Coronavirus and Connectivity
Many people take access to high-speed internet for granted, but the Federal Communications Commission says more than 800,000 Pennsylvanians do not have access to broadband. Broadband coverage has always been spotty in rural areas, but with students forced to stay home, the problem has become critical. Even when there is reliable service, the cost of broadband can be a barrier.
About 95,000 Kansas households have no access to the internet or lack what has been defined as the bare minimum of internet access, said State Rep. Mark Schreiber (R-Emporia ), a member of the Statewide Broadband Expansion Planning Task Force. Fast internet is so crucial to daily life that Kansans are finding creative workarounds, from turning their phones into hotspots to finding someplace nearby where they can access Wi-Fi. Some schools in rural areas allow students to access their Wi-Fi from the parking lot on evenings and weekends.
Leichtman Research Group found that the largest cable and wireline phone providers in the US – representing about 96% of the market – acquired about 1,530,000 net additional broadband Internet subscribers in 3Q 2020, compared to a pro forma gain of about 615,000 subscribers in 3Q 2019. These top broadband providers now account for about 104.9 million subscribers, with top cable companies having about 72 million broadband subscribers, and top wireline phone companies having about 32.9 million subscribers. Findings for the quarter include:
This report profiles the many innovative options that school districts have pioneered to build or extend wireless broadband connectivity out to student households that cannot afford to purchase high-speed internet access at home.
Pitt, CMU partner with nonprofits, school districts to provide free internet access to city households
The University of Pittsburgh’s Cathedral of Learning will soon beam out more than just the victory lights. Through a new pilot program that combines the efforts of eight universities, research groups, nonprofit organizations and school districts, the Cathedral of Learning will act as a “super node” or hub that transmits Wi-Fi to households around the city.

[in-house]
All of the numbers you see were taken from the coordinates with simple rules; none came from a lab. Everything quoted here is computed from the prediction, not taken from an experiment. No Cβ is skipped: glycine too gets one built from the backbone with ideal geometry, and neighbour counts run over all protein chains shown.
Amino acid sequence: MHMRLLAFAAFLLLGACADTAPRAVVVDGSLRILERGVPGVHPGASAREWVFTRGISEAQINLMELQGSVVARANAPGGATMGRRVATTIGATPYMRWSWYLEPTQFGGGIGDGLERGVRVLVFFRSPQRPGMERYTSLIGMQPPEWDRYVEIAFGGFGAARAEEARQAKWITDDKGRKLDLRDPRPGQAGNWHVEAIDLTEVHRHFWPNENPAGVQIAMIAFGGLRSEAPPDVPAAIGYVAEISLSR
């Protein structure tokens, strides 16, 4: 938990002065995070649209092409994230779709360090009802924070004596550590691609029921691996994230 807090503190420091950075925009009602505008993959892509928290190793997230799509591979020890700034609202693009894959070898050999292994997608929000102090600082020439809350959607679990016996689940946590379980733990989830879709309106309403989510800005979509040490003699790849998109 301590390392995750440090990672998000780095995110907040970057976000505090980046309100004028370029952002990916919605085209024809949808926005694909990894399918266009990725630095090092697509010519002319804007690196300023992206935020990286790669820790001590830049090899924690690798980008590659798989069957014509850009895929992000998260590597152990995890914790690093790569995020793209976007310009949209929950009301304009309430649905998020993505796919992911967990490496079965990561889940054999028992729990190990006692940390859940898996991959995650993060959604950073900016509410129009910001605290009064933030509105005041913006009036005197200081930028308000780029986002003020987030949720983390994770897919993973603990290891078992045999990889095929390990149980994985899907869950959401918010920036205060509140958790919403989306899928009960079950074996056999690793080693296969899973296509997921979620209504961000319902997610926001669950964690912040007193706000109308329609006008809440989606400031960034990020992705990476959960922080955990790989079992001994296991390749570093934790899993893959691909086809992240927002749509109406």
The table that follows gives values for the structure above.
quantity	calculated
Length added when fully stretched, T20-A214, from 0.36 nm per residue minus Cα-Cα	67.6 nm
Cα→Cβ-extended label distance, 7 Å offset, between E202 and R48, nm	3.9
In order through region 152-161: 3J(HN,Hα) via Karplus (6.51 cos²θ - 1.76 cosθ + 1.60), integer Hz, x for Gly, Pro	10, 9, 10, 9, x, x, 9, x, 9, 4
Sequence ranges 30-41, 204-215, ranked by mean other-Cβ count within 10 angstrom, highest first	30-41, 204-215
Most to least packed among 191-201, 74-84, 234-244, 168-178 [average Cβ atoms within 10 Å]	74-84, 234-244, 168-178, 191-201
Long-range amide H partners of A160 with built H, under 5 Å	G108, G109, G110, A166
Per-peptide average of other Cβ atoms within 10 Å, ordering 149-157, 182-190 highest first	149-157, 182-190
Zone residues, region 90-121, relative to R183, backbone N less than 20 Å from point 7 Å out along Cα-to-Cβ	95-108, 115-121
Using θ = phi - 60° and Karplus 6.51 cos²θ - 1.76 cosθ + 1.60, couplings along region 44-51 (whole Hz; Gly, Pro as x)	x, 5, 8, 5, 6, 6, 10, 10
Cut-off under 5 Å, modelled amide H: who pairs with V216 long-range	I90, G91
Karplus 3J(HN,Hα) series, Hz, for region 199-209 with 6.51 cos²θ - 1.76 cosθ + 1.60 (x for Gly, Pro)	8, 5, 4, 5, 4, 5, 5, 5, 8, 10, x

In response to the impact of the COVID-19 pandemic in the United States, the Federal Communications Commission's Wireline Competition Bureau has waived certain Lifeline program rules in five previous orders to provide necessary relief for low-income households.
The Federal Communications Commission's Wireline Competition Bureau addresses the petition of the National Lifeline Association (NaLA), seeking a waiver of the FCC’s rules updating the Lifeline program’s minimum service standard for mobile broadband usage, which otherwise would take effect on December 1, 2020. NaLA also seeks to halt the phase-down of the support amount for Lifeline service that does not meet the broadband minimum standard, which will decrease from $7.25/month to $5.25/month on December 1, 2020.
The Coronavirus Aid, Relief, and Economic Security (CARES) Act, passed by Congress and signed into law in March 2020, provided more than $2 trillion in economic stimulus to address the pandemic.
The technology gap has prompted teachers to upload lessons on flash drives and send them home to dozens of students every other week. Some children spend school nights crashing at more-connected relatives’ homes so they can get online for classes the next day. Millions of American students are grappling with these challenges, learning remotely without adequate home internet service. Even as school districts have scrambled to provide students with laptops, many who live in low-income and rural communities continue to have difficulty logging on.